I’m starting to get old. How do I know this? Well, one way is that I remember with fondness mail merges in WordPerfect. Ah, but we don’t use WordPerfect any longer. We use Word. Word has a perverse mail merge system. I have no idea how office admins (whom I assume are the target market for this feature), learn how to use this system efficiently. My hat is off to them.
Some years ago, in an effort to save money, I inherited the task of creating an electronic face book of our students. It shows some basic information:
- A photo (if we have one)
- The student’s name
- Their undergraduate institution
- Their major(s)
- Their graduate institution, if any, along with graduate degree earned, as well as area of graduate study
- Their permanent city and state
I have produced this both in gridded form and row form for some time.
To generate these, I’ve used the fantastic ReportLab Python PDF library, and I’ve also used Pentaho’s Report Designer. The backend data is stored in a spreadsheet and/or a database table. The issue, of course, is that I’ve never turned this service back into a turn-key offering that could be handed off to someone else. This is the curse of the small shop (or the unskilled coder). You have enough time to write 60% of what you need to write – enough to get the job done and enough to get some kudos on the first iteration of the product.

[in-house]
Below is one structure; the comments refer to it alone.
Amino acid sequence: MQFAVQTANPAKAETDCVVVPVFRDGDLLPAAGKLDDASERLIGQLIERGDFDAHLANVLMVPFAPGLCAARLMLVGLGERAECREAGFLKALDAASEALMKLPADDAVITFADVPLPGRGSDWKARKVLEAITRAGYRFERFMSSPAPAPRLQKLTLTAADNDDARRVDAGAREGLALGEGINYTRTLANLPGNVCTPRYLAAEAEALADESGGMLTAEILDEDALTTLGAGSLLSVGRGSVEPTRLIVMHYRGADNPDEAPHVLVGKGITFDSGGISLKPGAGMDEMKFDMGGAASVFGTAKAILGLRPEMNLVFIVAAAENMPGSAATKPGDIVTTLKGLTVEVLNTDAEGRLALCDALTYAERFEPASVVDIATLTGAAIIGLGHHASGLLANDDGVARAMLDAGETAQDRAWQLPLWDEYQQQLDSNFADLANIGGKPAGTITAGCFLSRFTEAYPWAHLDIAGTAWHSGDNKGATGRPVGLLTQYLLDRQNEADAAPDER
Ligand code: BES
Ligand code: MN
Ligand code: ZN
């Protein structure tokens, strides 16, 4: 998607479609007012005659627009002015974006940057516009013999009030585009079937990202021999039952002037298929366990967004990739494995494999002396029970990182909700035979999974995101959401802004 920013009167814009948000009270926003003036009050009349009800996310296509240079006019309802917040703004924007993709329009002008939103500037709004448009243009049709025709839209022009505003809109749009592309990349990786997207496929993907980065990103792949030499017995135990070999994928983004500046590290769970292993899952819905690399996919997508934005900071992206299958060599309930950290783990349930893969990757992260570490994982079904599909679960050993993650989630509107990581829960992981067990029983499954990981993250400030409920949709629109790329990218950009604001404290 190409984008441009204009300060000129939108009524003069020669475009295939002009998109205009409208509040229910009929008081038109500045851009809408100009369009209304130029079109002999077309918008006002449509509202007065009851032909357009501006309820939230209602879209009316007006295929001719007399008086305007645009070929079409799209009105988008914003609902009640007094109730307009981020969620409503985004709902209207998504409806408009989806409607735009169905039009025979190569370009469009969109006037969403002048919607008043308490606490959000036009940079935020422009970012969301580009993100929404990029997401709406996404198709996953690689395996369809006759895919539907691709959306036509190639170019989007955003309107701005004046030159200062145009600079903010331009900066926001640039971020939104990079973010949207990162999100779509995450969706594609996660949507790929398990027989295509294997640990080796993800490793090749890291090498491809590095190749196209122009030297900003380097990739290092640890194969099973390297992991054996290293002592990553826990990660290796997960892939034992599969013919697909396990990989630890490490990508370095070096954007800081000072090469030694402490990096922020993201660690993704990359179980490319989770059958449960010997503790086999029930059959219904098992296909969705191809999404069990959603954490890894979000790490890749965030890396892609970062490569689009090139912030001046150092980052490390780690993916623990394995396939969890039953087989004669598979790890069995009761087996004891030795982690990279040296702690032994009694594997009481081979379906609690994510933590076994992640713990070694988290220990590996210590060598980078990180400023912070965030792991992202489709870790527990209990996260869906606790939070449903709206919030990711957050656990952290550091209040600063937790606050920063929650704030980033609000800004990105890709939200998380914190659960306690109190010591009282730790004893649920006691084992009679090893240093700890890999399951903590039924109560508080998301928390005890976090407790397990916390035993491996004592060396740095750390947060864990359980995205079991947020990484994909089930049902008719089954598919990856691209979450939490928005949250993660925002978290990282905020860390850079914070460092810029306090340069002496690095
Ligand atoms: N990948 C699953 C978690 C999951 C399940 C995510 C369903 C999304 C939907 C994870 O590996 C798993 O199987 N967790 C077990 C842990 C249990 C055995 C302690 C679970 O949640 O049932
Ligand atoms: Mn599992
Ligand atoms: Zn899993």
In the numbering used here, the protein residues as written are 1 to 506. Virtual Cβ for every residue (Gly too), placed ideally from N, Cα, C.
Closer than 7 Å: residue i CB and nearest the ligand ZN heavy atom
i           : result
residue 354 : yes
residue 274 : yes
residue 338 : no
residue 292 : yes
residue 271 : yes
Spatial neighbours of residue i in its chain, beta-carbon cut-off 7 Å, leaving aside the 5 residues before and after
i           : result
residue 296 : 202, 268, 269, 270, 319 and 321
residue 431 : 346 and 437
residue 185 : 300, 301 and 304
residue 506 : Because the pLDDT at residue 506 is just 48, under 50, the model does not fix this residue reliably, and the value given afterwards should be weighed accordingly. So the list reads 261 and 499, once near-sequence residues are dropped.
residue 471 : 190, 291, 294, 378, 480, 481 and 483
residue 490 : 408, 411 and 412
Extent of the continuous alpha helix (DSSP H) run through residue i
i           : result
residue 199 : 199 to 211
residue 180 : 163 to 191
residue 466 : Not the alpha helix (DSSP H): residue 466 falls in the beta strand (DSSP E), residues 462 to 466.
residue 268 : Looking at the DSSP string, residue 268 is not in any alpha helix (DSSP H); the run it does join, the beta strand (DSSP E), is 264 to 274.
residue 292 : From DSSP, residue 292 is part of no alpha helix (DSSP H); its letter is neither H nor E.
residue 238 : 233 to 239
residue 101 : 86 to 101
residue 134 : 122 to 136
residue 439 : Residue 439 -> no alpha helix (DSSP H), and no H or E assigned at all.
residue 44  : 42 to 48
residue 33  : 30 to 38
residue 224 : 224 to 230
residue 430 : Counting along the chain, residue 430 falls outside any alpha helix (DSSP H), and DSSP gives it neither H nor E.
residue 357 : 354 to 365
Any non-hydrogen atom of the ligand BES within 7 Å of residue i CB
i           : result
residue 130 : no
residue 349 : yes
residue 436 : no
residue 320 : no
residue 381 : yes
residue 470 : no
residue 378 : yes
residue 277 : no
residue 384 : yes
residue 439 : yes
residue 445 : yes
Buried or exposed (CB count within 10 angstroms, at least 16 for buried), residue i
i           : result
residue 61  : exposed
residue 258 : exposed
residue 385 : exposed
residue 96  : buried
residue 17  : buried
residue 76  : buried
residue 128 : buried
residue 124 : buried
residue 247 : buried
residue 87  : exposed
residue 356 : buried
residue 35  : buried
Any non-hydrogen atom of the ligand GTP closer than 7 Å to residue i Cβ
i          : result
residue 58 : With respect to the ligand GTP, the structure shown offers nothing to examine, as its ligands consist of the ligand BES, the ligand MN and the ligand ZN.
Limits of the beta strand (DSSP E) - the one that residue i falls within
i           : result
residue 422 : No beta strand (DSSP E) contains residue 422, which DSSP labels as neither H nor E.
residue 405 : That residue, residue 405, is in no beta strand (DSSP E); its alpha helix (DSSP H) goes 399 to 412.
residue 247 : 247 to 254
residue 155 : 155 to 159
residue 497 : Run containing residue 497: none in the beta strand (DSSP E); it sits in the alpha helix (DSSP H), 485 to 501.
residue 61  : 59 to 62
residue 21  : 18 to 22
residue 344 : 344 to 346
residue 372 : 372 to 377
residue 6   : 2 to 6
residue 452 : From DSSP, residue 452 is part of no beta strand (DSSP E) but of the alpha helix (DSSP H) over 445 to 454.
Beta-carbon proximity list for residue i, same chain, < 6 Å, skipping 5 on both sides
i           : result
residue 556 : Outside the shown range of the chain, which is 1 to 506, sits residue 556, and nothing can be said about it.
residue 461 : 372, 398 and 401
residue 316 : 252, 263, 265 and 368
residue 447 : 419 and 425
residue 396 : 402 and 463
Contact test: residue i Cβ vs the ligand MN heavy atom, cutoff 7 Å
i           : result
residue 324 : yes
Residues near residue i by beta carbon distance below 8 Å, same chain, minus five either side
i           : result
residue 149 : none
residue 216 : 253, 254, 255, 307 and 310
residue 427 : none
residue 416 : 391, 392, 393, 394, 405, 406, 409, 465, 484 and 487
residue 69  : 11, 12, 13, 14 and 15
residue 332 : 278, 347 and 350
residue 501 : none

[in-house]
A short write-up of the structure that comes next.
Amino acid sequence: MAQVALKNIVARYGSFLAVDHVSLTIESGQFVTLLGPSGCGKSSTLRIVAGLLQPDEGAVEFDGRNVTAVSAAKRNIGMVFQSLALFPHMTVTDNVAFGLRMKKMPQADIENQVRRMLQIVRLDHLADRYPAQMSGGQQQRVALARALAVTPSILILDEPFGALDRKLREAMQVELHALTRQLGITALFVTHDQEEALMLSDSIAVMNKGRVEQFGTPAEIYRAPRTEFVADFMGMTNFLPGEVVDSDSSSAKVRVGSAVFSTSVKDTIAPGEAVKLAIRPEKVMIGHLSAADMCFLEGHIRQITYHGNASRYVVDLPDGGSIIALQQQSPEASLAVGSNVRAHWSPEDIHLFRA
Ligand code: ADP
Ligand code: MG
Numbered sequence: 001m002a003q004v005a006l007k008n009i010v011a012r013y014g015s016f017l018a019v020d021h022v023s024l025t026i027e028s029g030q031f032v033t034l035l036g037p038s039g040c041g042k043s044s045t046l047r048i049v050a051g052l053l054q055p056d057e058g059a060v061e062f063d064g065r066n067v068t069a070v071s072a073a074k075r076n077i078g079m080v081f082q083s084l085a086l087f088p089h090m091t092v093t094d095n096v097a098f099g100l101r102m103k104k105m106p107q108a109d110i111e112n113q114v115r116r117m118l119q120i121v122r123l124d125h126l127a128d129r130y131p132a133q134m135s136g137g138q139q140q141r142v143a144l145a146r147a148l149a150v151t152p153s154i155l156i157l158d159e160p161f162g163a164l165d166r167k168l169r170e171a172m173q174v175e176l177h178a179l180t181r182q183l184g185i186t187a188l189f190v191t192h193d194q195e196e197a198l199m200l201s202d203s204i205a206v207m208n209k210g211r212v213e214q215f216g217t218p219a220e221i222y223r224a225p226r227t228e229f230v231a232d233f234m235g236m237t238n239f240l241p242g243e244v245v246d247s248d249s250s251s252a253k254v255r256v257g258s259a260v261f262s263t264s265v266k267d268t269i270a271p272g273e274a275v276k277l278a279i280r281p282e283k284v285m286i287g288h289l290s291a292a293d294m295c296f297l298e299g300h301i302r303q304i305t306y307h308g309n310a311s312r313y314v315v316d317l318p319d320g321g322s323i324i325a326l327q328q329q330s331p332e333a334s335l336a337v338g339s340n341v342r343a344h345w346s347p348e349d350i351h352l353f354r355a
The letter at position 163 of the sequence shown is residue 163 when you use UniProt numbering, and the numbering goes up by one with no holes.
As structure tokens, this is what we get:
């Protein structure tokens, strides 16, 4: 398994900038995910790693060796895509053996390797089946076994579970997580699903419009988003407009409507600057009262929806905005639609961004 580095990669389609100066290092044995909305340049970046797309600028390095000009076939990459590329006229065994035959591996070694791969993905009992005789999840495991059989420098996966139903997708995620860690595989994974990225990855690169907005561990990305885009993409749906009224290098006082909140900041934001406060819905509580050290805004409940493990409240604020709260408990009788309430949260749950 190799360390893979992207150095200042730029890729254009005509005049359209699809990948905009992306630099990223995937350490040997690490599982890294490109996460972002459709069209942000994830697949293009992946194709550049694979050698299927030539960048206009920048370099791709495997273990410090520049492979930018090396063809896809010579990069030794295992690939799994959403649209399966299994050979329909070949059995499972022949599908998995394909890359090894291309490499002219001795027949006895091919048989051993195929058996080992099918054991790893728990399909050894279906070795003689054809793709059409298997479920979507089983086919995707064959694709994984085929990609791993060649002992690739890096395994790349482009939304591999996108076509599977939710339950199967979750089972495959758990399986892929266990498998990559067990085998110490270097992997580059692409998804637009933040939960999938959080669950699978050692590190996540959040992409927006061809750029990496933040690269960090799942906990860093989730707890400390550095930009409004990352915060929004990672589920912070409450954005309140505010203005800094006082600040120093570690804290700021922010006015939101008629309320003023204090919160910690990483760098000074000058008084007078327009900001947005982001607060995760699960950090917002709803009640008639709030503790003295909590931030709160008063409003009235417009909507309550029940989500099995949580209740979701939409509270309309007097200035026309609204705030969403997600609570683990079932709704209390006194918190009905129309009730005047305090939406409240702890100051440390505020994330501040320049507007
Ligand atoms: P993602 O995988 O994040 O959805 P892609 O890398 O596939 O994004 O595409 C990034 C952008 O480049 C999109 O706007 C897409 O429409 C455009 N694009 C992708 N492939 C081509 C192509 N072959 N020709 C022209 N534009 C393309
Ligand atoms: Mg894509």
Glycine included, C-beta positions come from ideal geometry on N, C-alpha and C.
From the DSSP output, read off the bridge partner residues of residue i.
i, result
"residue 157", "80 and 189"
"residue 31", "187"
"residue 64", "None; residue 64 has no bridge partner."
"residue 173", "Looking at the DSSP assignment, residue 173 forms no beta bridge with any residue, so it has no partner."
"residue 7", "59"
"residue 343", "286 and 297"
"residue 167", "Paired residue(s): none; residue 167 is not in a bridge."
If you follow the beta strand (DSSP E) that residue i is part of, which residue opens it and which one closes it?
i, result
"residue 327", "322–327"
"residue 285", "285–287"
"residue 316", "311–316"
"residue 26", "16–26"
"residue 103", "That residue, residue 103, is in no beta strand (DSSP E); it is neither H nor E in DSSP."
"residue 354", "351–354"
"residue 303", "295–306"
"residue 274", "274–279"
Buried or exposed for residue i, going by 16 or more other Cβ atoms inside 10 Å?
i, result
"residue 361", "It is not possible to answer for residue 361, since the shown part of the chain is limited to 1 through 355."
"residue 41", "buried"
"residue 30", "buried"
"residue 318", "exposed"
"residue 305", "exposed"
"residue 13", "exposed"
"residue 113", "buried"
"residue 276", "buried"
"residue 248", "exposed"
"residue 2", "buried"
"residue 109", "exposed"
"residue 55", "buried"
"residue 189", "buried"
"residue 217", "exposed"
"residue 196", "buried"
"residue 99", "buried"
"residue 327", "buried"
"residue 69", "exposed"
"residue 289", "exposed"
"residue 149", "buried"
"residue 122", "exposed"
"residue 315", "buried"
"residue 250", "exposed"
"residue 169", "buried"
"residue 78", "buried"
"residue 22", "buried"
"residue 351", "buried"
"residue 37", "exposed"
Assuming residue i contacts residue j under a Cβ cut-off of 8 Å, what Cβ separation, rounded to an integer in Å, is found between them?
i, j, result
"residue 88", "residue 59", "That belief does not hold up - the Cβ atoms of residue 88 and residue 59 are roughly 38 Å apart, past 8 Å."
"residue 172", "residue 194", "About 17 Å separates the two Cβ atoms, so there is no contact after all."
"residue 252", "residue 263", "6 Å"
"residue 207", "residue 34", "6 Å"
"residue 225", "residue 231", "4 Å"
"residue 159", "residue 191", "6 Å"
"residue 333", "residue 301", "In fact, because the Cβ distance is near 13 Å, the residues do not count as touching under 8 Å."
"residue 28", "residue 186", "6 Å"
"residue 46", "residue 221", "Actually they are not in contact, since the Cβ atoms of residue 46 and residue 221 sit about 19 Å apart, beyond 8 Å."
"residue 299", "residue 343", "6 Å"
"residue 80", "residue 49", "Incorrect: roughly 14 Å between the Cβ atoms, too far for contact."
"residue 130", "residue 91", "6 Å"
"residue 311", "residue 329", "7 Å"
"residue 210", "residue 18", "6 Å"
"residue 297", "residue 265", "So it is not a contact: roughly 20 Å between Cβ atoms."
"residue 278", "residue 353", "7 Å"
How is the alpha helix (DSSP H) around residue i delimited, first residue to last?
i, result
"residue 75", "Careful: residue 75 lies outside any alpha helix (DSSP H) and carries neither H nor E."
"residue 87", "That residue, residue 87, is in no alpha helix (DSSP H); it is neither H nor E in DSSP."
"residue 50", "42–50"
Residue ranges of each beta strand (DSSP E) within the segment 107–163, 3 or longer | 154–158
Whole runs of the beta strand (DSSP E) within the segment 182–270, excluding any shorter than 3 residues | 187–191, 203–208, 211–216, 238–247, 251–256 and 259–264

However, you now own what was essentially an administrative task and one that would have been done with glue and scissors 20 years ago and would not have required IT intervention. So, I started looking at MS mail merge, because I thought, how hard could it be? Right? Perhaps that would be a way to hand off this task to someone else. Geez.
Here’s a screen capture of what the merge codes might look like to load up one entry:
Really? This is what is required for an admin to come up with a reasonably basic entry that includes a picture based on the value in a field and also deals with missing data reasonably well. There are lots of neat nested expressions. Whitespace is significant to printing, as well, so you’ll need to triple check that. Note that I haven’t yet dared to tackle blank lines generated by the absence of grad-school data. It gets better… If you load up a label template with all of this code, you will not be able to see the bottom parts of it. You will also need to deal with a cryptic wizard or two along the way.
Here are some references that helped me get this far:
- Word Mail Merge: It’s not Just for Letters (from 2007, Windows-oriented, has various useful tid-bits)
- Office 2010 Don’t print blank lines when data fields are empty (includes this heart-felt comment: “I’m sorry but this is a bunch of crap…”)
- Bringing in an local image in mail merge
- How to include pictures in a Microsoft Word Mail Merge
- Background on colon-delimited paths vs Unix-style paths (you’ll note that the above snippet uses old-style colon-delimited paths. This seems to be required.)
As for me, I think I’ll go back to updating the Python script that creates these. Once again, I tip my hat to the people who have to use MS mail merge every day. Perhaps this set of links will be helpful – also, of course, I could just be a complete ignoramus when it comes to this stuff. Any tips are most appreciated. Feel free to share in the comments.